Continuing with the description of the system 100, it is now assumed that the keyboard is open, the system is in an automatic mode, and the operator has depressed a function key to command the system to open valves in a subsea well in a preset sequence. The presence of an instruction is recognized by the function control 102. A key control diamond 103, constantly seeking an answer to the question of whether or not an input has been detected by the function key control 102, provides a "yes" answer and a second diamond 104 asks the question of whether or not the input signal is for diagnostic control. In this hypothetical situation, the answer would be "no" and the program moves to diamond 105 which requests whether or not the input is a print instruction. In this case, the answer being "no", another diamond 106 asks the question whether or not the instruction is a valid command for operation in the automatic mode. If the answer is "yes", the instruction signal is sent to block 107. The tests required in the various diamond or test functions employed in the logic control system of the present invention may be performed using a data masking technique or a "rotate right" technique or any other logical operation for determining the content or validity of a logical signal.

When the block 107 receives a valid command signal, it reads the function encoded in the signal and prepares mission to the subsea system. The block 107 in preparing the command signal for message format form places the message into a predetermined location in a suitable memory. A preferred form of the message format for transmission to the subsea system is illustrated in FIG. 8. The memory for the message is preferably of the type which has a record seven bytes long with the following fields: start of message; parity 1; parity 2, well identification (ID); command function; data; and end of message. By way of example, the "command function" field or byte would indicate that a valve is to be opened and the "data" byte would indicate which particular valve was to be opened. The EOM byte illustrated in FIG. 8 indicates that the end of the message is present. The SOM byte is the first character of the message and indicates to the subsea system that a message is starting. The parity 1 and parity 2 bytes are added by the block 108 which generates a CRC (circular redundancy check) and an LRC (longitudinal redundancy check) for message control. These two operations will be more fully described hereinafter.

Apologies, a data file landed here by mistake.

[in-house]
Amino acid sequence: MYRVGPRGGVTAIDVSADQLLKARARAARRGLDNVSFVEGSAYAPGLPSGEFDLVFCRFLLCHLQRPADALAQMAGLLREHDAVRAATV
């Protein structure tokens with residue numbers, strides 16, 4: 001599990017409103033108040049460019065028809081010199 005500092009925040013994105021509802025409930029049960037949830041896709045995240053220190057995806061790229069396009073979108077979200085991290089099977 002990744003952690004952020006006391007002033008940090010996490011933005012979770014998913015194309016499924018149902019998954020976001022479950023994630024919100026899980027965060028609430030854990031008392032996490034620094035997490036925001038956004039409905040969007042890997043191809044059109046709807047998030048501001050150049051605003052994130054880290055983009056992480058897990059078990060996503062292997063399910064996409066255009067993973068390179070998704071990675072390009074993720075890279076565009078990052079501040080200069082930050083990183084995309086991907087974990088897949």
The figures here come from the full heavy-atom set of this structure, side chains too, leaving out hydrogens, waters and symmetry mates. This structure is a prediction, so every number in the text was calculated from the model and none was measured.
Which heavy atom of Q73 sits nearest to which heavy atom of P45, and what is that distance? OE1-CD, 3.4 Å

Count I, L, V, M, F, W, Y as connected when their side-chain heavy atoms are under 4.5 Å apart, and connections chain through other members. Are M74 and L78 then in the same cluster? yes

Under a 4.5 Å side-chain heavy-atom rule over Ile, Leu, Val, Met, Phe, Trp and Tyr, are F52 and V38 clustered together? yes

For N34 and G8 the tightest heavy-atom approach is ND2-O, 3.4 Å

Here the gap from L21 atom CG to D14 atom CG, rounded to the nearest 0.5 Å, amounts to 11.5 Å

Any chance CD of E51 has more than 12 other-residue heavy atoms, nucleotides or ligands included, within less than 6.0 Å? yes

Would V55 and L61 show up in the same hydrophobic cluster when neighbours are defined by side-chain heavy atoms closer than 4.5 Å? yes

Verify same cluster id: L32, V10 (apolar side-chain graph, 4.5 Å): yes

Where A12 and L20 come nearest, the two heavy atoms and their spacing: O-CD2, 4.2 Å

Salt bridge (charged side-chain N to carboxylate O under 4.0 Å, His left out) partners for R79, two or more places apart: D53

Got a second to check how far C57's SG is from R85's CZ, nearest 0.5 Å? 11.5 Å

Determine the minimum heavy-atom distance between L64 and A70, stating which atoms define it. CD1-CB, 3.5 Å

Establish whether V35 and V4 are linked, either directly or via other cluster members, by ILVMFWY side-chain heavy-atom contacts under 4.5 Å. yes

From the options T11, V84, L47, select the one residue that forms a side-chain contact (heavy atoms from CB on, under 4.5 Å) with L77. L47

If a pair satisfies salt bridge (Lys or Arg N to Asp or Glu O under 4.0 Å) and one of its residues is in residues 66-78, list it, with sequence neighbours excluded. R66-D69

In the preferred form of the system, each word employed is 8 bits long. Accordingly, it will be appreciated that the command byte may include as many as 256 separate instructions in an 8-bit word system. While a 7-byte message is desirable, it will be understood that a message having a smaller or larger number of bytes may also be employed in a particular system. Block 107 provides the information for the command byte and the data byte if data is appropriate. In the example under consideration requiring a preset sequence of valve openings in the automatic mode, there would be no data information.